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Why the Traditional Classroom Doesn’t Suit Every Student

Spaces where students can learn and be inspired don’t have to adopt a ‘one size fits all’ model, and a bricks and mortar setting isn’t the only option.

NEWS 3 Aug 2022

Across Australia, students have learned at home and online for various reasons. Sometimes the choice is due to geographical constraints, and sometimes families believe their children will learn more when they receive a more personalised education at home, rather than being in a traditional classroom.

The lockdowns and restrictions introduced in the wake of COVID-19 have shone a spotlight on the benefits of online learning. While it isn’t the most appropriate option for every student, there are undoubtedly some students for whom online learning can open up a world of potential.

The most recent statistics available show that more Australian families are investigating the possibilities of online learning.

The Victorian Registration & Qualifications Authority (VRQA) says that between 2019 and 2020, the number of children registered for home schooling grew by 20 per cent, and the next raft of figures are likely to show a further increase.

As in Victoria, other states are reporting rises in the number of students who are learning at home. In NSW, there has been an estimated 28 per cent increase in registrations for home education and South Australia has seen an estimated 34 per cent rise.

These figures indicate a clear need for students and families to be given alternatives to the traditional classroom, such as instead learning in a virtual classroom.

Haileybury Pangea is Victoria’s first private online school for students in Years 5 to 12. Students are currently being enrolled and will begin their online educational journey in 2023.

Building on Haileybury’s 130-year history in Victoria, Haileybury Pangea uses the school’s proven teaching and learning methods to deliver an academic program based on the Australian curriculum and VCE accreditation. But it is delivered totally online.

Haileybury Pangea offers 23 VCE subjects – all delivered in a safe, online environment that promotes student learning, wherever that student is located.

Rather than signalling the demise of the traditional classroom, Haileybury Pangea is about giving a choice to students who thrive in the virtual classroom. So, what kinds of students may engage more deeply with the online school experience?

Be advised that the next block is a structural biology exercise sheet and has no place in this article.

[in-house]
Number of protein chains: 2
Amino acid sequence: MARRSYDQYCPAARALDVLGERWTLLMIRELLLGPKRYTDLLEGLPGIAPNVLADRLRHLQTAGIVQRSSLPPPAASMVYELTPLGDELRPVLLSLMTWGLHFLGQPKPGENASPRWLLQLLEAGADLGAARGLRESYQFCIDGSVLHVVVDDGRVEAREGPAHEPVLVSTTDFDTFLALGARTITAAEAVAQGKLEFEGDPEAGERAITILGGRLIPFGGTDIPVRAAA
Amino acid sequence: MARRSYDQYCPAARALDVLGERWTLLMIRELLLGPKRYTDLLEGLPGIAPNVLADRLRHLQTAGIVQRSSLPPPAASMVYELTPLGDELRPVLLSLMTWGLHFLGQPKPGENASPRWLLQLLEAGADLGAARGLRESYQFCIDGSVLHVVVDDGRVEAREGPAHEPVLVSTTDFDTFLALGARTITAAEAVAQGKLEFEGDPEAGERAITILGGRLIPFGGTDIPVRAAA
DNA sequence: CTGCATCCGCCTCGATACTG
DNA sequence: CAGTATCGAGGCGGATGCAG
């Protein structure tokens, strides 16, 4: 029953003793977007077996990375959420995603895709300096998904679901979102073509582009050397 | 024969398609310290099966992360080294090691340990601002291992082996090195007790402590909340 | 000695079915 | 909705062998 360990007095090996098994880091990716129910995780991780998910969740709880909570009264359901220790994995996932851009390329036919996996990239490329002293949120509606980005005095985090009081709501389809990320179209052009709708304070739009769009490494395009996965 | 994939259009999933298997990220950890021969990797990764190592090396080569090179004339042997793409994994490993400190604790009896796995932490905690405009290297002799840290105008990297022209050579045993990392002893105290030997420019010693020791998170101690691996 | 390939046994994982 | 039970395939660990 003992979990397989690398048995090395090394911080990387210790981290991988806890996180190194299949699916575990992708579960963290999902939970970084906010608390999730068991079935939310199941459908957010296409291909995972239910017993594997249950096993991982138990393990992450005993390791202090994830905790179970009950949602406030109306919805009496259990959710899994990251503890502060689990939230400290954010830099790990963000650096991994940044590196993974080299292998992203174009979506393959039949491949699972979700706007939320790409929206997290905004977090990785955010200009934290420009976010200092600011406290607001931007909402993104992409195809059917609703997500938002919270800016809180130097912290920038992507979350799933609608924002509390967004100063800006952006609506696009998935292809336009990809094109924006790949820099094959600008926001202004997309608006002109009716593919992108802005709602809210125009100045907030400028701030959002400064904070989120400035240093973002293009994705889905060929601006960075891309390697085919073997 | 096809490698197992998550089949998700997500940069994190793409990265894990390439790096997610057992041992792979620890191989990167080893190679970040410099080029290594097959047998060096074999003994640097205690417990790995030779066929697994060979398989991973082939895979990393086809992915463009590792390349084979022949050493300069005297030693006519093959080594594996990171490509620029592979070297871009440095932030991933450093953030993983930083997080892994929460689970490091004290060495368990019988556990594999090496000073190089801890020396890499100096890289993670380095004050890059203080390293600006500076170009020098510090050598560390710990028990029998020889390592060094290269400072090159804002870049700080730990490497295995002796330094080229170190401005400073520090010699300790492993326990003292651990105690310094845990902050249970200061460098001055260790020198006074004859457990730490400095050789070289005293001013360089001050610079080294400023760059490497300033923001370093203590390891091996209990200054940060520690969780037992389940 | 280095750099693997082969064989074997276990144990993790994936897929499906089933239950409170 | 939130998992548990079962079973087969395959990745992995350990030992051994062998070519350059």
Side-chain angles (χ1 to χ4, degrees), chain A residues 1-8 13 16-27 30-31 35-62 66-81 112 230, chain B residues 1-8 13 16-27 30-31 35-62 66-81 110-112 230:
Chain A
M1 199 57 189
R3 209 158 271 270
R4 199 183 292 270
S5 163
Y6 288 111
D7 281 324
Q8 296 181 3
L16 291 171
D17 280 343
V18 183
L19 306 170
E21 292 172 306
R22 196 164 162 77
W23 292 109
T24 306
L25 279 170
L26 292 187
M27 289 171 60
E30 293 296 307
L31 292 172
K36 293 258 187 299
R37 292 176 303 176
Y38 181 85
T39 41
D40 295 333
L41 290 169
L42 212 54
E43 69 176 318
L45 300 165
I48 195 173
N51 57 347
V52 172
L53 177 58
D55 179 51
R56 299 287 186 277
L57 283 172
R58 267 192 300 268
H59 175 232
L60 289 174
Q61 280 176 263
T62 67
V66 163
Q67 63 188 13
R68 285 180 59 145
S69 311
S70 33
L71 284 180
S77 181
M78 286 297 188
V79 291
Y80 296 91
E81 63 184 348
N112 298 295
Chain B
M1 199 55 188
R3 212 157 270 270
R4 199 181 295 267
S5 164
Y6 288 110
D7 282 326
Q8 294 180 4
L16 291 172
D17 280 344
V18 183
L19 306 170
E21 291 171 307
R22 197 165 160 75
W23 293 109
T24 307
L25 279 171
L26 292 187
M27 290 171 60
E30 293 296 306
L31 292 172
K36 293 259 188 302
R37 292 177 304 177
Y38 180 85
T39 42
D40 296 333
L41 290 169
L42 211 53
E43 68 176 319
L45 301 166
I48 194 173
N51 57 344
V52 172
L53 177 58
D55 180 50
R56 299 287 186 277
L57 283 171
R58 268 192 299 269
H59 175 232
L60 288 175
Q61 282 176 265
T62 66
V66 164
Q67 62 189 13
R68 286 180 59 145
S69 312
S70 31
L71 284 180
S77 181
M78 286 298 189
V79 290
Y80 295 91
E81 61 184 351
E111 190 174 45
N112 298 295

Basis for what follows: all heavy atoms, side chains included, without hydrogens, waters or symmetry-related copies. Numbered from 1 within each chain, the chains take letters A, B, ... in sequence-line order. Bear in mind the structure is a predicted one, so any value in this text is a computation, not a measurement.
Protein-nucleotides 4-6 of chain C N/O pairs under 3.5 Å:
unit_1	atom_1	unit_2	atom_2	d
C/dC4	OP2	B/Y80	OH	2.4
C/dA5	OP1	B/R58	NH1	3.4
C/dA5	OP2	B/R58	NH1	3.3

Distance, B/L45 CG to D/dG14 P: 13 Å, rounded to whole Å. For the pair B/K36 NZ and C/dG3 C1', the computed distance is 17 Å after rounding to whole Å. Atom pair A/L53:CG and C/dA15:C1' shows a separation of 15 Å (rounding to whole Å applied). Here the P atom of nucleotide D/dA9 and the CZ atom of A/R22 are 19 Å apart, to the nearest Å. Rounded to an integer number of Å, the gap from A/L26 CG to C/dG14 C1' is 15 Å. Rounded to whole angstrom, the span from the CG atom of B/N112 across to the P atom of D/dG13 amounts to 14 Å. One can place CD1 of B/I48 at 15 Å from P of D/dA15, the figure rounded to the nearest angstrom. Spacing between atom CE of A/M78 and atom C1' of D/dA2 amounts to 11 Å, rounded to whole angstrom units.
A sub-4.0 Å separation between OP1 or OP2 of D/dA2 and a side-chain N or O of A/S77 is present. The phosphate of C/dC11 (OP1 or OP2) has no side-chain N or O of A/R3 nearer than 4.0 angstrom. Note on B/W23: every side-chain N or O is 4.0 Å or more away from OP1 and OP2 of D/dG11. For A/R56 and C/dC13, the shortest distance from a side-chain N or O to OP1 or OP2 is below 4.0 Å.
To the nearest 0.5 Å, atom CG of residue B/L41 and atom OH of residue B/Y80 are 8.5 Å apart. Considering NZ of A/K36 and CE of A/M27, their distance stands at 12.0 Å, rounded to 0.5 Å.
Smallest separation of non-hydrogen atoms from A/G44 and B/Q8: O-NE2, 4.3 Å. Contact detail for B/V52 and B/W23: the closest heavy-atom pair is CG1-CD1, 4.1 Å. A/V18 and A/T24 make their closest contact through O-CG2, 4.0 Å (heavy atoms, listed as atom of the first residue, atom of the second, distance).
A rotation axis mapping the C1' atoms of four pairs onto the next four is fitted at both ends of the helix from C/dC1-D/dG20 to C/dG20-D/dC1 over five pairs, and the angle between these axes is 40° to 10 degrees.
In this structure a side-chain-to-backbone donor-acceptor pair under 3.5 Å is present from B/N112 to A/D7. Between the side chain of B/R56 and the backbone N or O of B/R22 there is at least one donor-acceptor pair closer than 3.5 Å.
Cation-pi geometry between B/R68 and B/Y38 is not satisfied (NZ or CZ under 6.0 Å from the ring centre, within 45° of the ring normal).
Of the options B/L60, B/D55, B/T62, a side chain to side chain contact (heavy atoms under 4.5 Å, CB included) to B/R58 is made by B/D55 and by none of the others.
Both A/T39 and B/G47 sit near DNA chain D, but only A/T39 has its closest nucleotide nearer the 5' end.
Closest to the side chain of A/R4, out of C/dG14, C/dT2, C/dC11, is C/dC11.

On a practical level, the online classroom levels the playing field for students in geographically remote areas. It removes barriers of distance and enables those students to access the same high-quality teaching and curriculum opportunities as students living in metropolitan areas.

Since Haileybury Pangea was officially launched, it has fielded thousands of inquiries, including from families living in remote parts of Australia whose children have previously had to leave home and attend boarding schools.

The virtual classroom instead brings brilliant teaching and learning into the home.

Online learning also brings greater flexibility than a traditional classroom that operates during traditional school hours. This is critical for talented students juggling intensive commitments outside the school curriculum, such as those who belong to elite sport or performing arts programs.

The Haileybury Pangea school week typically includes a bespoke blend of live instruction, prepared video content, assessment tasks and one-on-one or small group-based time with subject teachers.

Self-paced learning is a fundamental component of the curriculum, supported by an extensive suite of online resources. Essentially, apart from some live instruction classes during the week, students have greater flexibility to work around their other commitments.

Importantly, online schooling also suits students who are self-motivated and who want to delve deeper into topics. Along the way, this fosters the development of key skills such as how to discover, evaluate and apply new knowledge.

This involves sharpening skills like critical thinking, independent learning and being entrepreneurial and enterprising. It also helps students develop an appreciation of life-long learning and enhances their skills in using new technologies as they navigate the online world.

The pandemic has illustrated that in the world of education in the 21st century, there is now scope for the traditional and virtual classrooms to co-exist.

While there will always be a role for bricks and mortar learning spaces, there is now growing recognition that for some young people, the virtual classroom is an engaging, inspiring and exciting place to question, explore and discover.